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JAPAN: ECHOES OF WORLD WAR II : Next Step : A Reluctant Superpower Agonizes Over Military : The prospect of getting a Security Council veto doesn't thrill Tokyo, which fears it may be forced to send its troops abroad.


TOKYO — For nearly any country, the prospect of winning a permanent seat, with veto power, on the United Nations Security Council would be a welcome symbol of international influence and power. Not so for Japan.

Here, the issue of whether to seek the U.N. seat has divided a nation that is still trying to bring World War II to a close 50 years after the fighting ended. Many Japanese, haunted by the memories of the war and the authoritarian military rule that produced it, fear that their country would be forced to engage in military operations overseas that it has avoided for half a century.

To outsiders and some Japanese as well, Japan often casts an image of a nation unable to confront its past and apologize openly to the victims of its aggression, thus creating suspicions that it once again might exercise military power over Asia as it did in World War II.

But the reality of present-day Japan remains a nether-nether land of heiwa-boke , or peace-senility--"a stupefied feeling of the last 50 years . . . that Japan has become divorced from military activities," as the Yomiuri Shimbun, Japan's largest newspaper, put it.

To the Asahi Shimbun, chief rival of the Yomiuri, that is the way Japan should be. "We want to aim at becoming a conscientious-objector nation," the Asahi wrote in an editorial in May. An Asahi poll showed that 69% of the respondents feared that Japan would be asked to perform military roles if the nation took a permanent seat on the Security Council. If so, 57% said they didn't want the seat.

Fear of being coerced into a military role has induced Japan to attach so many conditions to assuming a permanent seat that it has been accused by non-Japanese observers of "waiting for the seat to be served on a silver tray," noted Yoshio Hatano, one of Tokyo's former U.N. ambassadors.

Various formulas have been raised at the United Nations to bring Japan and Germany, World War II's defeated Axis powers and postwar economic giants, to the Security Council as permanent members, joining the postwar Big Five--the United States, Russia, China, Britain and France--and perhaps others.

Only last year did Japan declare directly that it was "ready to assume the responsibility" of permanent membership on the Security Council.

That Japan is seeking support from other nations for a Security Council candidacy does, at least, mark a step away from the isolationist pacifism that dominated most of the postwar period.

As a result of the political humiliation Japan suffered from its inability to commit any personnel to the 1991 Persian Gulf War, the nation approved a law in 1992 authorizing for the first time since 1945 the dispatch of troops overseas, but only for noncombat peacekeeping missions.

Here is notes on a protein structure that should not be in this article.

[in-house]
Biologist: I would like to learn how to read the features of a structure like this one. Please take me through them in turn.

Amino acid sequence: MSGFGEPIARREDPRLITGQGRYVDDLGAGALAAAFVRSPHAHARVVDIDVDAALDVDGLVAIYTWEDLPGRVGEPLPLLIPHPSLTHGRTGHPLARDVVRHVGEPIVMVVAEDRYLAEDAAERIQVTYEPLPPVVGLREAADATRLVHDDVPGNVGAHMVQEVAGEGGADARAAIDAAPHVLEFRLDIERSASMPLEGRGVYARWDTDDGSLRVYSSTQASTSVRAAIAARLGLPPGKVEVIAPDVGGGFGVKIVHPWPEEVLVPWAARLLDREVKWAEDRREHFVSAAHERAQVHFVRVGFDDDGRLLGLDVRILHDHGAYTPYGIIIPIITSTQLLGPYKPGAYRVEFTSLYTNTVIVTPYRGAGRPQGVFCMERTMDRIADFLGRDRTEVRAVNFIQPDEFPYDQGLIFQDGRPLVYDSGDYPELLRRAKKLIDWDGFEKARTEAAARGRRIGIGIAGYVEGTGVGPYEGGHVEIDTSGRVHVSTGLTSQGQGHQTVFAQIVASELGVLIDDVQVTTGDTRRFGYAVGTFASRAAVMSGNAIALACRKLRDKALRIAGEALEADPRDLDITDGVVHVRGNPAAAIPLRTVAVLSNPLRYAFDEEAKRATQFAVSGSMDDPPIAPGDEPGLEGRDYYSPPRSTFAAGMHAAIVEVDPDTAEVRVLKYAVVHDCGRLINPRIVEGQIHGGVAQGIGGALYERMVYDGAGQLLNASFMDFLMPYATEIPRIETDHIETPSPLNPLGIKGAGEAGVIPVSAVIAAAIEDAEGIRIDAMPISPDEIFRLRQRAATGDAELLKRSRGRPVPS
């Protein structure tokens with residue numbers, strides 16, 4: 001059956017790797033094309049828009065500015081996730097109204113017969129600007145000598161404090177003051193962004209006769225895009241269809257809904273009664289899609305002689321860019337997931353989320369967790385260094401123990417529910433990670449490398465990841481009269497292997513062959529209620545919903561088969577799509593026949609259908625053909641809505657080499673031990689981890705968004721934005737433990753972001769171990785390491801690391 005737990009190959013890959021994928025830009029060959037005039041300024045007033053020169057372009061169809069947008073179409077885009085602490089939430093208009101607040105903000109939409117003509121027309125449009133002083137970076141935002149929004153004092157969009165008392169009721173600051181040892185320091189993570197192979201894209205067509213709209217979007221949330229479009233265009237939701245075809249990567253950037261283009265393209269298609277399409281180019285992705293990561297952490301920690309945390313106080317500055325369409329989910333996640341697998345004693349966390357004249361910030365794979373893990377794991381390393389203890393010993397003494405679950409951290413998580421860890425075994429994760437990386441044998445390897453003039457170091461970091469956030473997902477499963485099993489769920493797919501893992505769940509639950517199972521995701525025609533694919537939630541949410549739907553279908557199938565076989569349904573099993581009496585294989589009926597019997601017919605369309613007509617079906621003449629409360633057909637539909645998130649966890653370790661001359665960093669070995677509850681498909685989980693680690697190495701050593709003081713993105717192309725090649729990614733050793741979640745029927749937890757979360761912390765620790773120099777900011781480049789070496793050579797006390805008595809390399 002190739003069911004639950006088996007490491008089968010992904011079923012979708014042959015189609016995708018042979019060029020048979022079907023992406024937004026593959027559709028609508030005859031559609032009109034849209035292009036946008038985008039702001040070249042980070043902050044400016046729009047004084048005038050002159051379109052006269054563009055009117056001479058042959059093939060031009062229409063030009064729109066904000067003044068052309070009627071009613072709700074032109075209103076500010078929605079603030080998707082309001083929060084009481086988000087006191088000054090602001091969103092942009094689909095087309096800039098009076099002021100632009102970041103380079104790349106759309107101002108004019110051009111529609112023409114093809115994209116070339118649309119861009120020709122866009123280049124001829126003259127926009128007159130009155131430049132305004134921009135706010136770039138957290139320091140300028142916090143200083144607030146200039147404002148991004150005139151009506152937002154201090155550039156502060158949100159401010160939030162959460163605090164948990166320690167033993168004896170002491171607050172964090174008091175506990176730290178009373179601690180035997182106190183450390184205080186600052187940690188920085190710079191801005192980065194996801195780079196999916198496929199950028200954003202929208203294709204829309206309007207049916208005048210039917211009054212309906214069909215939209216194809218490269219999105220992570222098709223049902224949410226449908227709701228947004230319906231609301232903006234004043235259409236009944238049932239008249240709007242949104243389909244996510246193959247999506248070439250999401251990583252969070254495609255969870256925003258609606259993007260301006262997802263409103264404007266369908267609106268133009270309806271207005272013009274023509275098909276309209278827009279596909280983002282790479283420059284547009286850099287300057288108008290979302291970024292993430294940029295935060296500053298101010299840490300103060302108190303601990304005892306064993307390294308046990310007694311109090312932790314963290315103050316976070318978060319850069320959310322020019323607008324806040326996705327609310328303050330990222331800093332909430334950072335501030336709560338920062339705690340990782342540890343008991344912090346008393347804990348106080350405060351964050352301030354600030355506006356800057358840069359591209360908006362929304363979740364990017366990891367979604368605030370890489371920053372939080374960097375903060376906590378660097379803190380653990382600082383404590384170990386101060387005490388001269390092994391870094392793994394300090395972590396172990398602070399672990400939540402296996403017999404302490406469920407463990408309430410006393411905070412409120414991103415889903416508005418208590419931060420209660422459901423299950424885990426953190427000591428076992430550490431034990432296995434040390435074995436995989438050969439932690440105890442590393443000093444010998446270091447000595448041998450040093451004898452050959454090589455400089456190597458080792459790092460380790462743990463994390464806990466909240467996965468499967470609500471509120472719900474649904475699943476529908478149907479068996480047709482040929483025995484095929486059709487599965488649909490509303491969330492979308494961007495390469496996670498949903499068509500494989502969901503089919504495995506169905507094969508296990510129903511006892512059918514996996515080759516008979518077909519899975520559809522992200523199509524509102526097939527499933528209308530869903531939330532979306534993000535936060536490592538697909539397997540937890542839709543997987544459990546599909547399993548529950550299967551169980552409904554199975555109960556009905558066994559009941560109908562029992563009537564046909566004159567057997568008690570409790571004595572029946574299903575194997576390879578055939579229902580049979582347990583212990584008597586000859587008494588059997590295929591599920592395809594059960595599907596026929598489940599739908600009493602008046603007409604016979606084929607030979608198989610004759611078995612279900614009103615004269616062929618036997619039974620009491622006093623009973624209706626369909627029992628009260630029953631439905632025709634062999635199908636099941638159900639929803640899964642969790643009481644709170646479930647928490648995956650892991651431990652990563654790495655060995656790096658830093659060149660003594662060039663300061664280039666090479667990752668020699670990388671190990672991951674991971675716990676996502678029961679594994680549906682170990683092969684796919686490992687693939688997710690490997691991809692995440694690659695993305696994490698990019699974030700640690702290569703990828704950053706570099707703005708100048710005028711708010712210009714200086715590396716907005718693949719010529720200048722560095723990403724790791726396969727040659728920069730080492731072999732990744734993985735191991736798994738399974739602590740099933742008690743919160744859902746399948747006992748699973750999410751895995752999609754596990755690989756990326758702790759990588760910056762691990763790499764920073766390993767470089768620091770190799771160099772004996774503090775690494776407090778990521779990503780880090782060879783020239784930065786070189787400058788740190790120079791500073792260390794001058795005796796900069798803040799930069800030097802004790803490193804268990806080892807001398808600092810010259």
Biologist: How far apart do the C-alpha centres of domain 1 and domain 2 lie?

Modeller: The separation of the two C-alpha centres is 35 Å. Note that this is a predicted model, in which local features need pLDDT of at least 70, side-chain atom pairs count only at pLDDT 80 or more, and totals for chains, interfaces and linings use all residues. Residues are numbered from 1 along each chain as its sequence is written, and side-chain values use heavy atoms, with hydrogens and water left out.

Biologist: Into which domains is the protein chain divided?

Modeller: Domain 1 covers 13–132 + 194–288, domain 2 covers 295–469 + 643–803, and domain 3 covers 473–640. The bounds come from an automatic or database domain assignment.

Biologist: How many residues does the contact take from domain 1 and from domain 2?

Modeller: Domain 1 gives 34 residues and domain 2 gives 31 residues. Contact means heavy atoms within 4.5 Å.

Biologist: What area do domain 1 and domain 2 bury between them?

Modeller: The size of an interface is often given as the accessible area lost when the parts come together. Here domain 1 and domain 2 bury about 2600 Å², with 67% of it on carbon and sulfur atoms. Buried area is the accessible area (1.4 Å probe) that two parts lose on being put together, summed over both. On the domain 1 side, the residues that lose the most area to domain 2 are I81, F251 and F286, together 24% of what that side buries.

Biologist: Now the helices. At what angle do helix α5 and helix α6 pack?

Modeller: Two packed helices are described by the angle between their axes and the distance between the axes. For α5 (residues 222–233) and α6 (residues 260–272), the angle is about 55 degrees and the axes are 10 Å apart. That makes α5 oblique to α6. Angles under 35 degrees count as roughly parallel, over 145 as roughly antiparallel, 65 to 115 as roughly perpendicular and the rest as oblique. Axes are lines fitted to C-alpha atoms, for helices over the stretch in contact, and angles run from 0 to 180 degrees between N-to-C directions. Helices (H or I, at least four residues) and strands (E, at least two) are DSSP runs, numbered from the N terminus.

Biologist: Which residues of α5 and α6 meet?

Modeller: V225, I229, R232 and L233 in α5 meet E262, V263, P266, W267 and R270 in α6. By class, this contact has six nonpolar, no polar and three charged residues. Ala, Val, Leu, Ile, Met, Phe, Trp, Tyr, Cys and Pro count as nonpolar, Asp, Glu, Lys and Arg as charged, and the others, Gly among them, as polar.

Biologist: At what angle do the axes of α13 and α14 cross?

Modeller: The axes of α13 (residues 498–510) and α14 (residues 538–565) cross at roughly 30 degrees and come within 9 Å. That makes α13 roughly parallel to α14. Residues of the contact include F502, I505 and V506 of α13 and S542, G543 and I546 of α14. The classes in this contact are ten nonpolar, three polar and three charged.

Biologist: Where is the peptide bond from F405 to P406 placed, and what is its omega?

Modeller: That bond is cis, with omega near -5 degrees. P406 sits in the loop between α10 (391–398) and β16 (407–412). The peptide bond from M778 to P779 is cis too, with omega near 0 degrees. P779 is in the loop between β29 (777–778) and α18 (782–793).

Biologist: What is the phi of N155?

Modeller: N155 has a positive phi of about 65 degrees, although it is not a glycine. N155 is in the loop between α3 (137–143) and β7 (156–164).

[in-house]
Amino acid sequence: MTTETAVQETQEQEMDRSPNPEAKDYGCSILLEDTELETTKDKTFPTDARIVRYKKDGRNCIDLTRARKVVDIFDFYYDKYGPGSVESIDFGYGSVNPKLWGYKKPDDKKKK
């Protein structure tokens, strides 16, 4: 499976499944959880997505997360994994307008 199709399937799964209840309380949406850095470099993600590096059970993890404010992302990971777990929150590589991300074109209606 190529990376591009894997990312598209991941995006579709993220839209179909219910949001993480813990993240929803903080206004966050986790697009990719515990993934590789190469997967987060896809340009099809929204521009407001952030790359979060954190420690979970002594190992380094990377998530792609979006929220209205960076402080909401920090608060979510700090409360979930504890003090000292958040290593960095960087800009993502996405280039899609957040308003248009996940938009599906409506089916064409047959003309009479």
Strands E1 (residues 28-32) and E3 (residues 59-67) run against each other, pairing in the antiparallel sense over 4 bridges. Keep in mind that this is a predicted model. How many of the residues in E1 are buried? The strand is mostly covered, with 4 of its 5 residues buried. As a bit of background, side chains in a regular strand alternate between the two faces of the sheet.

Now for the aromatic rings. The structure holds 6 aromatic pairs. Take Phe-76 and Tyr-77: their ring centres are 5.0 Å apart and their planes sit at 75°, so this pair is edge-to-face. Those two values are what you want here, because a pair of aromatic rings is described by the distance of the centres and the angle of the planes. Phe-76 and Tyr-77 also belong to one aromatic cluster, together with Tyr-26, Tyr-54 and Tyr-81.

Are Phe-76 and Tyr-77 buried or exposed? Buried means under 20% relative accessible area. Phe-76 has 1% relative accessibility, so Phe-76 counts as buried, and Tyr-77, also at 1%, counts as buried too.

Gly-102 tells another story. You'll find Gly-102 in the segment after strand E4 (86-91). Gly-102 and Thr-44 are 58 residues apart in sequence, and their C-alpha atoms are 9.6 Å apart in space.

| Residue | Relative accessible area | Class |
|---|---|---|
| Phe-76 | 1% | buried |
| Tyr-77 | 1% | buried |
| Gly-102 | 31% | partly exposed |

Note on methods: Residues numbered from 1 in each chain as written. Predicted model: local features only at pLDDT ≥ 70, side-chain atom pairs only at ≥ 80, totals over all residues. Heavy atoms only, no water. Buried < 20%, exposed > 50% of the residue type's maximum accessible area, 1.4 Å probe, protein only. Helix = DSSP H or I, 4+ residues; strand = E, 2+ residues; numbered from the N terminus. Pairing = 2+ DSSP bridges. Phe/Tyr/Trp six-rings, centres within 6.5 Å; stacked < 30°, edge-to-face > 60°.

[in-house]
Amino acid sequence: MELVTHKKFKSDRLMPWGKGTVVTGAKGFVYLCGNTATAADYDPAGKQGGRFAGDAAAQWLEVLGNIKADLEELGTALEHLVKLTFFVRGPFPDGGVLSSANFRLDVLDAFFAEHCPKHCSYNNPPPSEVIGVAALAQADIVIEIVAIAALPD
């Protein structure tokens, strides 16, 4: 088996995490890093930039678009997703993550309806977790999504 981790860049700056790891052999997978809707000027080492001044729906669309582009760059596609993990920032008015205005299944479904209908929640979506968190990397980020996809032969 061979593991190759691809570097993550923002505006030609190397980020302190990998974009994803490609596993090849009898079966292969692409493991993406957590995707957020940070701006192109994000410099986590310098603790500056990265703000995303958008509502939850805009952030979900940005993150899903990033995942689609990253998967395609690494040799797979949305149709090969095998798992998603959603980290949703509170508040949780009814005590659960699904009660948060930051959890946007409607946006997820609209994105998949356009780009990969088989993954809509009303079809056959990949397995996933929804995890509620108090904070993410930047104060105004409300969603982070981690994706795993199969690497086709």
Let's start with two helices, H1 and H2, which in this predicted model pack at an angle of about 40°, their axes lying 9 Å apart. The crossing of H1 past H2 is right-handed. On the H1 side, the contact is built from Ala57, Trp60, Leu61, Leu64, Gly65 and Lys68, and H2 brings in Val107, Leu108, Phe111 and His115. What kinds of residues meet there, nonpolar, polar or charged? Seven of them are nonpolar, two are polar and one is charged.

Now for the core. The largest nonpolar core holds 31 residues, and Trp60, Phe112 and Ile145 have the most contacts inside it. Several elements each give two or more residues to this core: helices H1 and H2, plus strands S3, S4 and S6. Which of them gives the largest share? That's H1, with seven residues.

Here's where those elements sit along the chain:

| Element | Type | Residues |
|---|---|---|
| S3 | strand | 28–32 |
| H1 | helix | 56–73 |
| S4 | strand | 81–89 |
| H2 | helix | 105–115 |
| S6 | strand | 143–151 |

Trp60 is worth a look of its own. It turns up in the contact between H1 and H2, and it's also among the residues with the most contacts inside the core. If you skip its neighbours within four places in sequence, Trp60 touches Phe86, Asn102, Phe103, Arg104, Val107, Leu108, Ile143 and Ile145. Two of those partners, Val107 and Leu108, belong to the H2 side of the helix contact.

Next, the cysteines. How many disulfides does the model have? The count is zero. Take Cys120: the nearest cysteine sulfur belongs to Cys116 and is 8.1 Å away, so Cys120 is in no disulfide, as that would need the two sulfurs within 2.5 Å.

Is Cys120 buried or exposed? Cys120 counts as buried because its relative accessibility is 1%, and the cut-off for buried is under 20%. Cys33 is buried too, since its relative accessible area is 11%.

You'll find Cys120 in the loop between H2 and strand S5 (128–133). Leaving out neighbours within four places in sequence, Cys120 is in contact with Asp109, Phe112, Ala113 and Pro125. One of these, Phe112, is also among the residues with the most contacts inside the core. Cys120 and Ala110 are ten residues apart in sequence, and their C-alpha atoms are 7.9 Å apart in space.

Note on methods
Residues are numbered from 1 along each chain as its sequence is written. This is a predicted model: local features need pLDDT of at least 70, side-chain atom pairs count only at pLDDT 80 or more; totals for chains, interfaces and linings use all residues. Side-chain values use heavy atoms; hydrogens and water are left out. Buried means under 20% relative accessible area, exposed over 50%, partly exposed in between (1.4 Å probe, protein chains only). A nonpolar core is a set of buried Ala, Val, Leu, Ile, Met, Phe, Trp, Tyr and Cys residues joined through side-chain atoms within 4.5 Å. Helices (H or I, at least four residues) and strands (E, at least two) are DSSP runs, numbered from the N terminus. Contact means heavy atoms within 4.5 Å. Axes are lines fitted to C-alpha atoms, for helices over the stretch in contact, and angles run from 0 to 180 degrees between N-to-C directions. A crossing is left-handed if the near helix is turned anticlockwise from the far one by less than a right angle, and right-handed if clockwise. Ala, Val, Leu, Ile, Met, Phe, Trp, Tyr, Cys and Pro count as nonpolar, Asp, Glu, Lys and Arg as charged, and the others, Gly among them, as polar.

According to Kazuo Chiba, former ambassador to London, Japan adapted itself to the dictates of the United States during its postwar occupation of Japan.

"It was not just that we were fearful of the memory of the war but also because we wanted to assure . . . the United States. [It] wanted us to disarm, and have a disarmed mentality," Chiba said. Only since the Persian Gulf War has Japan begun to adapt to a world in which it is no longer expected to devote itself to a strictly non-military role, he added.

"It took us a long, long time to get [to where we are today], and we still haven't climbed Mt. Fuji," he said. "We're still about only 30% of the way from the bottom."

Not until 1990 were schools required to display the flag and play the anthem at ceremonies. Despite the requirement, one in every four high schools still refuses to play the anthem, according to one survey.

Neither foreign policy nor security affairs has escaped.

Even the euphemism--"Self Defense Forces" instead of "armed forces"--has been given substance by Japan's studied refusal to equip itself with offensive weaponry. For example, Japan has no aircraft carriers. Its fighter aircraft lack mid-air refueling equipment. And for half a century, alone among the major industrial powers of the world, Japan has exported no weapons.

Japan's propensity to turn the other cheek toward constant criticism from China and North and South Korea is a result of its memories of the war on the Asian mainland and its 35-year colonization of the Korean peninsula.

Japan and China "have not yet reached the point where we can say to each other what we really want to say," said a high-ranking Japanese diplomat.

In security policy, "Japan abandoned its military independence, pledging that it would not use its armed forces for national objectives and providing bases cheaply for the United States to pursue its Asian and world strategies. In exchange, the United States agreed to protect Japan completely," Motono noted.

As a result, "diplomacy since the war has been marked by complacency," he said. "We didn't have the leeway to take an independent policy."

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